By Michael Milton
Monday, November 01, 2004
Thanksgiving is a time that marks the beginning of a very special holiday season. It seems that it comes earlier each year. Or is that our age? One thing is clear: the holiday season causes us all to think about the things that matter most. We think of family, of friends, of hopes and dreams. We think about our deepest longings. We might even think about our deepest needs.
It is not wrong to think about our needs. What gets us in trouble is where we go to get our needs met. So often, family gatherings are tense times. One of the reasons is that we come to the gatherings with bad memories of how this or that person did not meet our needs. An adult son can't help but look up at the dad who is offering thanks. He sees the busy workaholic father who missed the Boy Scout badge presentation. An aging woman works alongside her daughter-in-law in the kitchen, beneath the smiles and helpful hands, is a heart that is bitter over the perception that the daughter-in-law's insecurity has divided the aging woman from her son. And so it goes. Houses brimming with apparently thankful people, but who are filled with disappointment and unmet needs.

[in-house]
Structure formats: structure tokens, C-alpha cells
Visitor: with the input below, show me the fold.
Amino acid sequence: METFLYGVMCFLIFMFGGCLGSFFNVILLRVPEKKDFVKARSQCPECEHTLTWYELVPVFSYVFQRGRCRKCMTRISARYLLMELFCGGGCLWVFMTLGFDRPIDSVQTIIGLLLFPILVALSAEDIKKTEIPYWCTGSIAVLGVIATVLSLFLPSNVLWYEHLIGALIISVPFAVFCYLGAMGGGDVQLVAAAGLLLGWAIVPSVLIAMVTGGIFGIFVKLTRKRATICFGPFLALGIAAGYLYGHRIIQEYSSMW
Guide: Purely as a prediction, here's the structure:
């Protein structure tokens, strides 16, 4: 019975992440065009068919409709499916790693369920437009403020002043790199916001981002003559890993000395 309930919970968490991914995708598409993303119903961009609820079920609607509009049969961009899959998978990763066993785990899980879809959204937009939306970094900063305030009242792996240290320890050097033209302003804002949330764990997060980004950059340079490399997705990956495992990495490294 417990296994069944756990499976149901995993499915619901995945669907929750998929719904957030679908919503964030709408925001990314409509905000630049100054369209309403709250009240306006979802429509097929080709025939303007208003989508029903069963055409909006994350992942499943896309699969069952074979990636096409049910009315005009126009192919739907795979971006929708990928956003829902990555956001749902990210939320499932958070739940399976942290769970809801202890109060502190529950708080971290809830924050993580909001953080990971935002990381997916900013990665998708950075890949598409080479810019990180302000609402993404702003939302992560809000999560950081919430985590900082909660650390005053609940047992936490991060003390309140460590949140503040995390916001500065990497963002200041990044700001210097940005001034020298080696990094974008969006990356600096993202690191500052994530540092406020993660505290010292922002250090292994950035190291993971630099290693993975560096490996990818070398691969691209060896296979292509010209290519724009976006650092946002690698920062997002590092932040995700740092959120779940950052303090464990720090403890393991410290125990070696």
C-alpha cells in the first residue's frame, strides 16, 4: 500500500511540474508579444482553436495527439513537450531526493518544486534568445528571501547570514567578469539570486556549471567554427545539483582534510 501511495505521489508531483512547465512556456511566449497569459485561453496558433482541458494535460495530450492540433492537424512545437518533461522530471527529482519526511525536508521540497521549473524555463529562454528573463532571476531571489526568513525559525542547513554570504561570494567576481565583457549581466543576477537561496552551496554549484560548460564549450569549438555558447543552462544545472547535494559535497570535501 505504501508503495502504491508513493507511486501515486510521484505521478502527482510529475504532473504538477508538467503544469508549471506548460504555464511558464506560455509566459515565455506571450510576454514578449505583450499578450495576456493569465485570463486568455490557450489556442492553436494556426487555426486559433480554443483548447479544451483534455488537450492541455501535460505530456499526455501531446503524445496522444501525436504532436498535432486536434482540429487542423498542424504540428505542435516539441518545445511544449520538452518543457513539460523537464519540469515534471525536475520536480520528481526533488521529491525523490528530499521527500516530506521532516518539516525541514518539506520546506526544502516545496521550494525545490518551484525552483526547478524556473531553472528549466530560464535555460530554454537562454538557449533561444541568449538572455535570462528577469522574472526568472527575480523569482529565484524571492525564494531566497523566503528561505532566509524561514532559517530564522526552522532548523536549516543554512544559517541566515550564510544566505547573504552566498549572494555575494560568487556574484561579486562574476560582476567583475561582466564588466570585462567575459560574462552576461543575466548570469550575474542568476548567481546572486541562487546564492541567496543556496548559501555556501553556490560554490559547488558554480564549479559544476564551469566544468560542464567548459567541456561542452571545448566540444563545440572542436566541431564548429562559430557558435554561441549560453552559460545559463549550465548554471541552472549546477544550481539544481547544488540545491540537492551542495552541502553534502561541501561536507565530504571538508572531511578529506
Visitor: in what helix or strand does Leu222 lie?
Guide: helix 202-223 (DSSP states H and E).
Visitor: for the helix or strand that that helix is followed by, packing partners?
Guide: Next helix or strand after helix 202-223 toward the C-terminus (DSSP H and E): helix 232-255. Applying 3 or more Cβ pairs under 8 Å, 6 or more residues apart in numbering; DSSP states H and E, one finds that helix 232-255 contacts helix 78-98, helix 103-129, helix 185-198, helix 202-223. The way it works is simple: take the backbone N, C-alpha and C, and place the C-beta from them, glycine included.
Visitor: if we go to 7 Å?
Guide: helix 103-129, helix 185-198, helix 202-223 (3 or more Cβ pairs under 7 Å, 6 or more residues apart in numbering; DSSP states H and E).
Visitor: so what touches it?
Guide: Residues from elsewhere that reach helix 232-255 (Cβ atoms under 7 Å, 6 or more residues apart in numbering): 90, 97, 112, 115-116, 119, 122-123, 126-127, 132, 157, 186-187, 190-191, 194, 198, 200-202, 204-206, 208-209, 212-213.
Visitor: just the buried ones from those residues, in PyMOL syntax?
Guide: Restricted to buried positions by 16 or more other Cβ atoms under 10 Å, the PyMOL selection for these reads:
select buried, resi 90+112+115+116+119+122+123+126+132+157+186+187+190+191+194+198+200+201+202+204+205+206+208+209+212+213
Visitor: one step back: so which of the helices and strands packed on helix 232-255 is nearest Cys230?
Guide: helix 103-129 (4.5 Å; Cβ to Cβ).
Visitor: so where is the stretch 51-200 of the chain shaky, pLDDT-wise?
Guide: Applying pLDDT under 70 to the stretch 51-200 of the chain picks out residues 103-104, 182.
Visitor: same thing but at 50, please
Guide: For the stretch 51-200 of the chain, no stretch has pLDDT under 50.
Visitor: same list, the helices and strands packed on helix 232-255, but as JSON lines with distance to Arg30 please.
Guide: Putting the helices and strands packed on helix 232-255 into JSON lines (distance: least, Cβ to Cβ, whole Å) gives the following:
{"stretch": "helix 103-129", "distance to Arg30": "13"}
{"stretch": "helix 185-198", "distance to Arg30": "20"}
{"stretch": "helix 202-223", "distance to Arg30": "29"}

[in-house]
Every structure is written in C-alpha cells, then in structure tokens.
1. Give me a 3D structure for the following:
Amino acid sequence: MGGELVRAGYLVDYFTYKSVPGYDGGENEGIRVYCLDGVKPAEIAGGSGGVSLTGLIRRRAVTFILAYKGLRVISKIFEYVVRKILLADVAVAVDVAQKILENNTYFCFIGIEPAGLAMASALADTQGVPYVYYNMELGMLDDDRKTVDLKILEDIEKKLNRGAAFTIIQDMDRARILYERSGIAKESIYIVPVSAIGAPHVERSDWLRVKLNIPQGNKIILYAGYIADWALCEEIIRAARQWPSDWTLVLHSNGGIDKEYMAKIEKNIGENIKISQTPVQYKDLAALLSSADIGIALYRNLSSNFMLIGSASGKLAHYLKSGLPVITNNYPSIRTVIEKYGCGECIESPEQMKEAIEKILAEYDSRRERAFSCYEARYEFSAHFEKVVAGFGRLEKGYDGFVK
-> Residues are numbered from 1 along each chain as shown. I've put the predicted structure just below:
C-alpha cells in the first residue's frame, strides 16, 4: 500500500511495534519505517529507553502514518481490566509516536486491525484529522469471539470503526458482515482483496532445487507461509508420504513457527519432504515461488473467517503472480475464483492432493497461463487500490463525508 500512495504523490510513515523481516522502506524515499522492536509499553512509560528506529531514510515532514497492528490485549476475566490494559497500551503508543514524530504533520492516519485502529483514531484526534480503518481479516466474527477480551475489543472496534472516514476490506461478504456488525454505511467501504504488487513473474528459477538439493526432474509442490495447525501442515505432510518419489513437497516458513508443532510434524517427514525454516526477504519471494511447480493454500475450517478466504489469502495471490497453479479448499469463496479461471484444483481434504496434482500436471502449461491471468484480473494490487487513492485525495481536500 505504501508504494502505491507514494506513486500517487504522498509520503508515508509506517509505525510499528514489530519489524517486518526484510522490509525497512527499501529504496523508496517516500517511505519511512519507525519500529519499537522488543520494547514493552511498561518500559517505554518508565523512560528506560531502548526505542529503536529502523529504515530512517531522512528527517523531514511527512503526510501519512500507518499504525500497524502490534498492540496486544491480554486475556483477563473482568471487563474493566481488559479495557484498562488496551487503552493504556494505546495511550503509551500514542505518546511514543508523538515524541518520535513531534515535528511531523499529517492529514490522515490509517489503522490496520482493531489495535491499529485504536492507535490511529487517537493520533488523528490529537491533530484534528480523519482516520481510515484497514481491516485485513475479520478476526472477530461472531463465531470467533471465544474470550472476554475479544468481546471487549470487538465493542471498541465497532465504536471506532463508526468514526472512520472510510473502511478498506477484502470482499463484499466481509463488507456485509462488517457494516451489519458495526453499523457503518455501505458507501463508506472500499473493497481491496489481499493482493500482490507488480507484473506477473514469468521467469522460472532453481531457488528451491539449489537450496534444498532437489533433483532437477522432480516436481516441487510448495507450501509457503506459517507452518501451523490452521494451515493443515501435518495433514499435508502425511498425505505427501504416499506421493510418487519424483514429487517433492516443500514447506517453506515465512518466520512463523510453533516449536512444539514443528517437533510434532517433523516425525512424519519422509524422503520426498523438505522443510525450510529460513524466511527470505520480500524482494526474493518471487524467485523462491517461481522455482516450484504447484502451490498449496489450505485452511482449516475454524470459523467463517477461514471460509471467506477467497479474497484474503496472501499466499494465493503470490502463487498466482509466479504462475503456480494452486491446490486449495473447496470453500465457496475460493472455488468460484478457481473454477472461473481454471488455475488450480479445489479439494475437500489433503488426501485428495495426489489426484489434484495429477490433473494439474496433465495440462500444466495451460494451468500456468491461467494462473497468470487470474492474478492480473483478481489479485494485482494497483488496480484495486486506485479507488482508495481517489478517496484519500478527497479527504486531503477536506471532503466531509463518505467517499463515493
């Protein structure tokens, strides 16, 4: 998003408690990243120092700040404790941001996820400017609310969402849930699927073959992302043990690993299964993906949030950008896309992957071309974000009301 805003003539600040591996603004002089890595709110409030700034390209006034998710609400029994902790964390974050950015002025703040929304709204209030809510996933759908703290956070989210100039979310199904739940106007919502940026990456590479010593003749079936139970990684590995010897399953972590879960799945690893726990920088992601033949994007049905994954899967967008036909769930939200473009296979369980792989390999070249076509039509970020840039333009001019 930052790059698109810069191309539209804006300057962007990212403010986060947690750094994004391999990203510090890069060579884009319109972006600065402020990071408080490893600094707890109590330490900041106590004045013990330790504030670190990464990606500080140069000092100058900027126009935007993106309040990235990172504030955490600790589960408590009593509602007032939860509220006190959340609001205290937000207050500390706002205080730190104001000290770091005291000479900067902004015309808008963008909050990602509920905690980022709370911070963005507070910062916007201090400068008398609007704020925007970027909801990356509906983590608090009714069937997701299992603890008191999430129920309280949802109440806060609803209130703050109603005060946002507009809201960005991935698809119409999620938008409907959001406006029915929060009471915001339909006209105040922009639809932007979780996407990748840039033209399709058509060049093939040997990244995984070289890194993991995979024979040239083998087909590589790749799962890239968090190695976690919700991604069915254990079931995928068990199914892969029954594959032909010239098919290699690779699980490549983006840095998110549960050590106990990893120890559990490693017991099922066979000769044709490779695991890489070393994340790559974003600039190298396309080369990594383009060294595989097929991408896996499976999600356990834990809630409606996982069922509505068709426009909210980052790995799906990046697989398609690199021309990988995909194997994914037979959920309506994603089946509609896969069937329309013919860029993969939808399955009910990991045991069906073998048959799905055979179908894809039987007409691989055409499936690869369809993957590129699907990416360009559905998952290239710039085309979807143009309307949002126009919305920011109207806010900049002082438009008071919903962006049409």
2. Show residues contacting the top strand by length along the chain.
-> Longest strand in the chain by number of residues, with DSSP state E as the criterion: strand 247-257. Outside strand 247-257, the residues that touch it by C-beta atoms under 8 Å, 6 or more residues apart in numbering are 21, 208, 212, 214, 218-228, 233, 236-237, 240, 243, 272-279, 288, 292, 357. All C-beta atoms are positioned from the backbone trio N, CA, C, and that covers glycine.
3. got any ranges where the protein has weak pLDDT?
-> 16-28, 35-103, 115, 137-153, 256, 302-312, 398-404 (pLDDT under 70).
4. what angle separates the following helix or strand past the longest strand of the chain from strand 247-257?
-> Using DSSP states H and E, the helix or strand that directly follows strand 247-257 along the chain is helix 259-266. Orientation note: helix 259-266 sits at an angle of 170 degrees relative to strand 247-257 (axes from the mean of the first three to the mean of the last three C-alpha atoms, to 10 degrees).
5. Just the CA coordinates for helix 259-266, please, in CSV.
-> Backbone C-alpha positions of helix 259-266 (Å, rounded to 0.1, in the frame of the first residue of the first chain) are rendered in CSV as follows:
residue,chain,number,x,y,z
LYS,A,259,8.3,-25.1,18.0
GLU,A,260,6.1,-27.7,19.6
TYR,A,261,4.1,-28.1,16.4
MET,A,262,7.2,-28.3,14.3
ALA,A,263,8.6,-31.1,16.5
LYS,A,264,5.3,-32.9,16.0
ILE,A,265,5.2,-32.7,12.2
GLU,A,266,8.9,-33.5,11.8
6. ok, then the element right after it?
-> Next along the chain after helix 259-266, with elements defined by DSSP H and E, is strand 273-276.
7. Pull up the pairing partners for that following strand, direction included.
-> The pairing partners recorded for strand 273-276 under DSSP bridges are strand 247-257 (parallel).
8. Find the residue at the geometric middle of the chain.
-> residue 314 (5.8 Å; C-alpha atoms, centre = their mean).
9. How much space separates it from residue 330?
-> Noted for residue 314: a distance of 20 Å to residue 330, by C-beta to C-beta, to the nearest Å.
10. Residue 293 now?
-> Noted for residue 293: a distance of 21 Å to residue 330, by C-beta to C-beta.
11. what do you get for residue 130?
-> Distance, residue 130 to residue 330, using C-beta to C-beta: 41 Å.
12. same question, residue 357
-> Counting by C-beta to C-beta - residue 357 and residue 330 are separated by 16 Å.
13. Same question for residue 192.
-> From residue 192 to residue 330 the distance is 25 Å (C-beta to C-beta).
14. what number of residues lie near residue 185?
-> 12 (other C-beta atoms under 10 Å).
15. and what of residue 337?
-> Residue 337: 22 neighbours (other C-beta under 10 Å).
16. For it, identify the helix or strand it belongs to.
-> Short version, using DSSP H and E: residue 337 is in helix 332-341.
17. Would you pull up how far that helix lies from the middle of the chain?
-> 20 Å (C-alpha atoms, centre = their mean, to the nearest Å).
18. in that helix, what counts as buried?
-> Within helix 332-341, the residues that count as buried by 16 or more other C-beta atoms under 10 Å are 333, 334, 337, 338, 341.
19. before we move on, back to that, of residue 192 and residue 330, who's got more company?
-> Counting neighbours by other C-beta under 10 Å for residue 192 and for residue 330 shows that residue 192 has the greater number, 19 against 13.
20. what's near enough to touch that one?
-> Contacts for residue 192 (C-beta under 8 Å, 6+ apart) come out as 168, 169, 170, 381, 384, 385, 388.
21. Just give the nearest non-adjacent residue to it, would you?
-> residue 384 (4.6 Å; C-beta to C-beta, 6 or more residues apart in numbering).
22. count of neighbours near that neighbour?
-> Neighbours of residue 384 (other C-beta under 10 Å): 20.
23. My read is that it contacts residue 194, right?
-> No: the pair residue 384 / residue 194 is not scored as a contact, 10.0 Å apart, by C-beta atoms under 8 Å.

The problem is, God wants us to take our deepest needs to Him. The hope is, when our needs are met by God, we can deal with each other with more mercy, more grace, and more forgiveness.
So what do we do? Where do we go? I offer you what I think is the perfect prescription for peace this holiday season:
From the opening of David's unforgettable line, "The Lord is my shepherd, I shall not want..." the believer or seeker is led to see how this God of David's provides for the deepest needs of those who will believe.
HE PROVIDES FOR OUR PHYSICAL NEEDS
"He makes me to lie down in greed pastures, He leads me besides still waters."
David's classic Psalm is written in a familiar setting: the pastoral and serene setting of a shepherd's field. David knew this setting well, of course. The shepherd's pasture was the place where God met with David. It is the place where David's soul broke forth in composition of songs and heart felt praise. It was far from the cold stones of a formal temple. But it was far greater than any temple, any cathedral. When things went badly for David, when kings threw spears at him, when a son rose up against him, when his own sins robbed him of precious opportunity to do good and enjoy blessing, David went back to the pasture. What did he focus on? David focused on how God met the most basic of needs: physical needs. This is the God who gives green pastures, and still waters. Both are needed for healthy sheep. Sheep need good green grass to give them the nutrients they need. They need still water, because they can't or won't drink rushing water. In the pasture of God, He meets the most basic of needs.